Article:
BBC viewers have called for a re-think to television schedules as The Shipman Files: A Very British Crime Story aired on Monday night.
The documentary, looking back at Harold Shipman's murder spree in which he killed more than 250 people, aired in the wake of other dark dramas and docu-series, such as ITV's Des, which looked at the Dennis Nilsen case.
Viewers took to Twitter as they watched the unsettling show, which was the first of three episodes.
One said: "Shipman documentary, Panorama Covid, and Honour killing drama. Cheery for a Monday night. Maybe we need to re-think TV schedules in these times," adding the hashtag "send help".
Another wrote: "Nilsen, the Wests, Myra, now Shipman. We're being spoiled for TV entertainment, aren't we?"
A third tweeted: "In the last fortnight we've had Nilsen dramatisation, Nilsen documentary and Rose West and Myra Hindley Sir Trev documentary on ITV. Now Shipman doc on BBC. Channel 5's been away ahead of its time."
Someone else said: "We've been treated to some really cheerful telly recently, in these difficult and challenging times. Harold Shipman, Myra Hindley, Rose West and Des."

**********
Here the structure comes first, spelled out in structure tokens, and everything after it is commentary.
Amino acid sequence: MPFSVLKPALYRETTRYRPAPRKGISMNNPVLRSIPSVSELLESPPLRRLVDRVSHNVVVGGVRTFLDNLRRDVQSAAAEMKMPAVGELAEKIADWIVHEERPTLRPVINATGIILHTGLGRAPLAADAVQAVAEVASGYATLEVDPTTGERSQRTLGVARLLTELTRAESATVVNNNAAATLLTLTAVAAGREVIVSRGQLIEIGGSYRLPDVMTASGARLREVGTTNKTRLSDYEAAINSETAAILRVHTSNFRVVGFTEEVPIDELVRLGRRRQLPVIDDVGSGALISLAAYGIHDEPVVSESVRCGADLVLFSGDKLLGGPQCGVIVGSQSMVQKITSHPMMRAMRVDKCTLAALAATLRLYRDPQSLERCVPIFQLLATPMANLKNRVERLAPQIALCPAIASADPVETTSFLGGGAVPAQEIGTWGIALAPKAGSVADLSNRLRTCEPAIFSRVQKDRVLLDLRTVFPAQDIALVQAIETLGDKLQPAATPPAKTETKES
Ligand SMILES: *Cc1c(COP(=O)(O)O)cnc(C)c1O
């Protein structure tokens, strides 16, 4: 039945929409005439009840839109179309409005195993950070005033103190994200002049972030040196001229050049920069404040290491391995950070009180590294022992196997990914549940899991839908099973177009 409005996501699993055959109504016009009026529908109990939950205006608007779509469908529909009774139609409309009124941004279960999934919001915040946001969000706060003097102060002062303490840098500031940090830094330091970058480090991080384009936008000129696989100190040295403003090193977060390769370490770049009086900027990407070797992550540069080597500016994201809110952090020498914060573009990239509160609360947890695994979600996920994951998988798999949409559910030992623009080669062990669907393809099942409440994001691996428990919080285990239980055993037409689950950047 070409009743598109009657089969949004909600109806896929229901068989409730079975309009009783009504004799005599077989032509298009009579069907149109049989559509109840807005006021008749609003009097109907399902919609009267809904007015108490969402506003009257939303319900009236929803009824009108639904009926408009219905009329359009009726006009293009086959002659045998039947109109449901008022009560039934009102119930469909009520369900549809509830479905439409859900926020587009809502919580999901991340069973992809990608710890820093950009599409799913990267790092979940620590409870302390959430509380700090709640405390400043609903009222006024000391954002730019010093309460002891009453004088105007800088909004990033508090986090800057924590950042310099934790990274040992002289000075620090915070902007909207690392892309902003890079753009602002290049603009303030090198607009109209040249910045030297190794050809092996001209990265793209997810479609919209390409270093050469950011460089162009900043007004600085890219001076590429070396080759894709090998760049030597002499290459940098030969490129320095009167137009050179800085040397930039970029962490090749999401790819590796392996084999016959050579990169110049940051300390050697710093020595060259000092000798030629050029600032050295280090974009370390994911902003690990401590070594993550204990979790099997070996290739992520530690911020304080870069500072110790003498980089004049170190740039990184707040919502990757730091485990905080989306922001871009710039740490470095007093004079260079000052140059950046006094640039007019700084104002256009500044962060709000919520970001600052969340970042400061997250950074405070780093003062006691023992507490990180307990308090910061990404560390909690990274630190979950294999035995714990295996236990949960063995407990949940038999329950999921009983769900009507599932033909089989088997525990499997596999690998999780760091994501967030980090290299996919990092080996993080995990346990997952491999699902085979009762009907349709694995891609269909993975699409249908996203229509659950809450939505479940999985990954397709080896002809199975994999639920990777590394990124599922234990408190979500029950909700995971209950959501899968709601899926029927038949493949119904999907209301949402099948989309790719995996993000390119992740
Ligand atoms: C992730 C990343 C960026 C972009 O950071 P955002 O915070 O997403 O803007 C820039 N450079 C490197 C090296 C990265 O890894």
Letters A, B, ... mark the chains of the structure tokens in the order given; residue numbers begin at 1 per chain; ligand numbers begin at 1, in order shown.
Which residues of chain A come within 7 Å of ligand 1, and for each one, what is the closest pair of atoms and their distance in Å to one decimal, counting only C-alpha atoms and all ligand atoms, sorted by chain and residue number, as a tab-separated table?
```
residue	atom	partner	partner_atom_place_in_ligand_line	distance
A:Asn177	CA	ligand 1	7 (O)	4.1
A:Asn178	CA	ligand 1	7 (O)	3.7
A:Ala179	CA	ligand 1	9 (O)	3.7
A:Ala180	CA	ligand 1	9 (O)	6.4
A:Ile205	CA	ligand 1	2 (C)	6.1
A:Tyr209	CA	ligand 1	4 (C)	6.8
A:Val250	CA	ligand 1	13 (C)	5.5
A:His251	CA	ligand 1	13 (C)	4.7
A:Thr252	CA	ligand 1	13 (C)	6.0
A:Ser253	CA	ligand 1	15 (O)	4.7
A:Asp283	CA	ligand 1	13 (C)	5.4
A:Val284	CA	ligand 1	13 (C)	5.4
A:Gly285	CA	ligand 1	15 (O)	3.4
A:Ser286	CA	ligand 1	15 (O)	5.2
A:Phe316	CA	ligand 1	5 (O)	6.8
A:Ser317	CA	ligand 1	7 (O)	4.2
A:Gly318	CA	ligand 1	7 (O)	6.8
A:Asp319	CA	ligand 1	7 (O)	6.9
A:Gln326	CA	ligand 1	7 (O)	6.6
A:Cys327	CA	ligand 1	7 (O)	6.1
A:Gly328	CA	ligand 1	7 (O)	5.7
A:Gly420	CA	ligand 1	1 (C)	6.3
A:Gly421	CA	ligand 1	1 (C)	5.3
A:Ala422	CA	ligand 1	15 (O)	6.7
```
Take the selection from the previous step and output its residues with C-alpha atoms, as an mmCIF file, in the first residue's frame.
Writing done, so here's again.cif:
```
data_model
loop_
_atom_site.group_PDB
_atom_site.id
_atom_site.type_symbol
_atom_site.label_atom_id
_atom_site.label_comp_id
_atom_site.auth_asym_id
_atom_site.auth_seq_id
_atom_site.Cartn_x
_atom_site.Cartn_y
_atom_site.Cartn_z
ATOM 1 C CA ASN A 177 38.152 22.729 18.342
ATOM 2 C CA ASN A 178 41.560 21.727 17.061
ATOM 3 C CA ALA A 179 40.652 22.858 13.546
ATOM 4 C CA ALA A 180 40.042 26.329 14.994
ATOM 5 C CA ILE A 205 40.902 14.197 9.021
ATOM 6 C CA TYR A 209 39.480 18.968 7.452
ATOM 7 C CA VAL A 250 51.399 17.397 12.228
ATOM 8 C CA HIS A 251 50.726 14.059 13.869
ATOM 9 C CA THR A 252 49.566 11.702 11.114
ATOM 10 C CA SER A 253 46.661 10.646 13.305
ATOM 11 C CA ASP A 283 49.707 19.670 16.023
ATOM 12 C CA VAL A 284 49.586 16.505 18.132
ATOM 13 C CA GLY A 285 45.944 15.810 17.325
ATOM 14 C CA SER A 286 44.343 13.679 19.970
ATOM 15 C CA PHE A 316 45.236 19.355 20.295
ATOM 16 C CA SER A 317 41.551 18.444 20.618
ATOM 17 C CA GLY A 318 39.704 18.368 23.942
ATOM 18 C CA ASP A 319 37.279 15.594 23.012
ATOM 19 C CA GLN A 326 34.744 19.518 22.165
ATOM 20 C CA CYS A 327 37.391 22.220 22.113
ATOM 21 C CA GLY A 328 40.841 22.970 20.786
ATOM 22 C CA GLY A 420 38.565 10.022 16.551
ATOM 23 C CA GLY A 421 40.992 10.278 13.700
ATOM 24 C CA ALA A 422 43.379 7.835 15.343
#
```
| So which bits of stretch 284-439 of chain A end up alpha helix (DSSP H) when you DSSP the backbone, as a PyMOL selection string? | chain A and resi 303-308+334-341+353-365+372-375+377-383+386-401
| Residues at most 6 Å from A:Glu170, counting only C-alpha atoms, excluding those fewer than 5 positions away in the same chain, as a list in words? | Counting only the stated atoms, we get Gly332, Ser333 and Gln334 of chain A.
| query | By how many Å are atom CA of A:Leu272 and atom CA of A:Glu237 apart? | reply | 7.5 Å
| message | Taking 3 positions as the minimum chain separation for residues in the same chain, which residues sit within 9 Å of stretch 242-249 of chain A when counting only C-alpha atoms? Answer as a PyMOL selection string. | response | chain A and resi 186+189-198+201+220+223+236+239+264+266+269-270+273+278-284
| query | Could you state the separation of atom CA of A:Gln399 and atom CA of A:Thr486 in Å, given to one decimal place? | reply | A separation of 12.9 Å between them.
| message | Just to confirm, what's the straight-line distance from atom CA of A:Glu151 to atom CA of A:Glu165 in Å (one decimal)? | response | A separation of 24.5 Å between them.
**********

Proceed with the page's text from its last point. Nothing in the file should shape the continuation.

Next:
A fifth continued: "Shipman documentary tonight. It's one from the BBC's British Crime Story strand and will probably be insightful into the bigger societal elements of how the crimes occurred. But it does feel a bit much just after Des."
While a sixth added: "Do I watch a dramatisation of an 'honour' killing or one about the serial murderer Harold Shipman. More light relief after Des last week and a repeat of the Fred West drama."
Harold Shipman a whole life order sentence for murder, as well as four years for forgery.
He was charged with killing 15 women with lethal injections of diamorphine between 1995 and 1998.
However a two-year long inquiry into all deaths certified by Shipman identified 215 victims, with an estimate that his total victim count was around 250.
The sick killer died in prison aged 57 just four years into his sentence in January 2004.